The height of summer brings wonderful sights,scents and colours into our flower gardens. Allotments are showing signs of vegetables and fruits for future use.
Our gardens can also mean so much more to us.They may evoke memories of those we have loved, of places visited or promises of things to come. We carefully nurture the last peony or hollyhock because we remember where each first bloomed and can reflect on happy times.We treasure plants given for special days or memories, but we also love the daisies that invade the lawn prior to overlooked mowing. In all these experiences there are moments of perfect peace and time for reflection and contemplation.
The Bible starts with creation and the fact that a man and woman were created and placed in a garden named Eden.We may ponder on why God chose a garden.
Adam and Eve had a duty to be the custodians of the garden. Down the ages the Garden of Eden has become symbolic of an paradise. All would have gone well if they had agreed to God's only rule in that one tree bearing fruit was forbidden to them. However they were tempted to eat of this tree of "good and evil" in an attempt to be equal with the very creator who had made them out of the "dust of the ground .”
The consequences of their actions were to reverberate down the ages for the relationship between God and people had now changed. Initially Adam and Eve were banned from the garden and in the long term death came upon all mankind. Read the whole sad story in Genesis chapters 1 to 3.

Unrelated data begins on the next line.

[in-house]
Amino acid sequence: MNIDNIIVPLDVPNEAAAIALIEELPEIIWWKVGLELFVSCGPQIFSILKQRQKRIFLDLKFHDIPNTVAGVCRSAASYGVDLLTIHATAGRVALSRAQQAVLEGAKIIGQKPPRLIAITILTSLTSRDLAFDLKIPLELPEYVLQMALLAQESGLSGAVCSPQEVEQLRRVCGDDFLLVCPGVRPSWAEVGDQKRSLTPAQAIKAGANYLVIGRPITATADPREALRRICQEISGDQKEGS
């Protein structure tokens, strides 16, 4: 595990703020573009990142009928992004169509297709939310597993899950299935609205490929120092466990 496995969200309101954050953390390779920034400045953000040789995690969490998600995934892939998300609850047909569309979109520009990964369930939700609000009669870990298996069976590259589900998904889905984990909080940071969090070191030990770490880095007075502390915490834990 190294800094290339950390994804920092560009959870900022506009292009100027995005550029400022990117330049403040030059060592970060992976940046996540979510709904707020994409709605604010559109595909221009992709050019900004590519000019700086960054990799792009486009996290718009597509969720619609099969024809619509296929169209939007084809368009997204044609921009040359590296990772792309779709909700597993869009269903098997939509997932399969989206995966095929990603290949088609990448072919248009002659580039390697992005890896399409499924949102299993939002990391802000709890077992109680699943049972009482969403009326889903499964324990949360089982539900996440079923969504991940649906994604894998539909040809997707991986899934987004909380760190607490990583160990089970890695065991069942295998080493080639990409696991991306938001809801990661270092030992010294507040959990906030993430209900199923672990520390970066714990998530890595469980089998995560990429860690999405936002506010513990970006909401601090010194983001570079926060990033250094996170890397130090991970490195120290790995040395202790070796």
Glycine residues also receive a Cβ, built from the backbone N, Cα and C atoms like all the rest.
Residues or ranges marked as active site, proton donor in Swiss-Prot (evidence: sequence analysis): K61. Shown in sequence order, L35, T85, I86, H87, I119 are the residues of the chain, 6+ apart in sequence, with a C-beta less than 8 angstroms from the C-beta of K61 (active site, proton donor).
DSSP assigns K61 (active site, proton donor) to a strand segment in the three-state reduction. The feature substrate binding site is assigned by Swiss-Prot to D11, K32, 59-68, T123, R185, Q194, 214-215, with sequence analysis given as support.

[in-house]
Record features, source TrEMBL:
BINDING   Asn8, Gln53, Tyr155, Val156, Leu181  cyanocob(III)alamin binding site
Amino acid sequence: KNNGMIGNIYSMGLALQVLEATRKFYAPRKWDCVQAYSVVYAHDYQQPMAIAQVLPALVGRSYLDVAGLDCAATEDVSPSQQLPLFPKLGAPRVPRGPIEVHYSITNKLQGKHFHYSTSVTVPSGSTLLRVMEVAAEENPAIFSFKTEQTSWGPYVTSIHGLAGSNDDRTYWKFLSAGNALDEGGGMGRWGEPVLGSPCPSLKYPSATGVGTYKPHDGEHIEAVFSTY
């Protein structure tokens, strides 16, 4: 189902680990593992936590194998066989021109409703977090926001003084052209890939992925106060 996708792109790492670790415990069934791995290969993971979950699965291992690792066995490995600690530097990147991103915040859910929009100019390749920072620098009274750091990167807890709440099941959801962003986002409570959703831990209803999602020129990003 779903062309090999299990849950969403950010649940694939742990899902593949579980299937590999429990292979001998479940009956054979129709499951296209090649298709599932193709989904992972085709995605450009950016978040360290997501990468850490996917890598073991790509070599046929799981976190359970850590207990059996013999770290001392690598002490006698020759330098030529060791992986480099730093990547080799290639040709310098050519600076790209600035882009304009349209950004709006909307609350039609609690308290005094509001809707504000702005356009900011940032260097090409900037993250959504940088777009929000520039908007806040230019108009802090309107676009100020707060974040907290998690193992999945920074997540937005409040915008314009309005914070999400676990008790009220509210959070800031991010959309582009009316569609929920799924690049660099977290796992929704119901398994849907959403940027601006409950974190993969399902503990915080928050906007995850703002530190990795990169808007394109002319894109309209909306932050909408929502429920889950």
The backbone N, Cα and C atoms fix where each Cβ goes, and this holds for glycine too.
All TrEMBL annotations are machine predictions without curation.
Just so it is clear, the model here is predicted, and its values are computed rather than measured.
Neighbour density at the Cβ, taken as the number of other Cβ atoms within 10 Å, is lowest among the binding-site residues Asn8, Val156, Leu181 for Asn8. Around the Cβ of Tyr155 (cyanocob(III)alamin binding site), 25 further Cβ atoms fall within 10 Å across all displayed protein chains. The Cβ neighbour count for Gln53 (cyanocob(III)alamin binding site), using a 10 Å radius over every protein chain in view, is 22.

Having reflected upon gardens, we can hardly leave things there.Many gardens are mentioned in the Bible and another one immediately came into my mind. The Garden of Gethsemane takes us forward to the time of Jesus, the Son of God. Jesus was born of Mary and lived as other mortals upon the earth and was subject to all human experiences.The differences were that if he overcame sin he would be the saviour of mankind. We can barely comprehend the enormity of this pressure when we know how his life ended. The Garden of Gethsemane provides insights into his thoughts on the day before his death.
We have looked at the great significance of two gardens in scripture. When we consider the wonders of God’s creation and intentions for this world we need quiet contemplation to understand them.
Psalm 46,verse 1 has this phrase, Be still and know that I am God
A quiet garden is a good place for contemplating the great truths that have been considered here.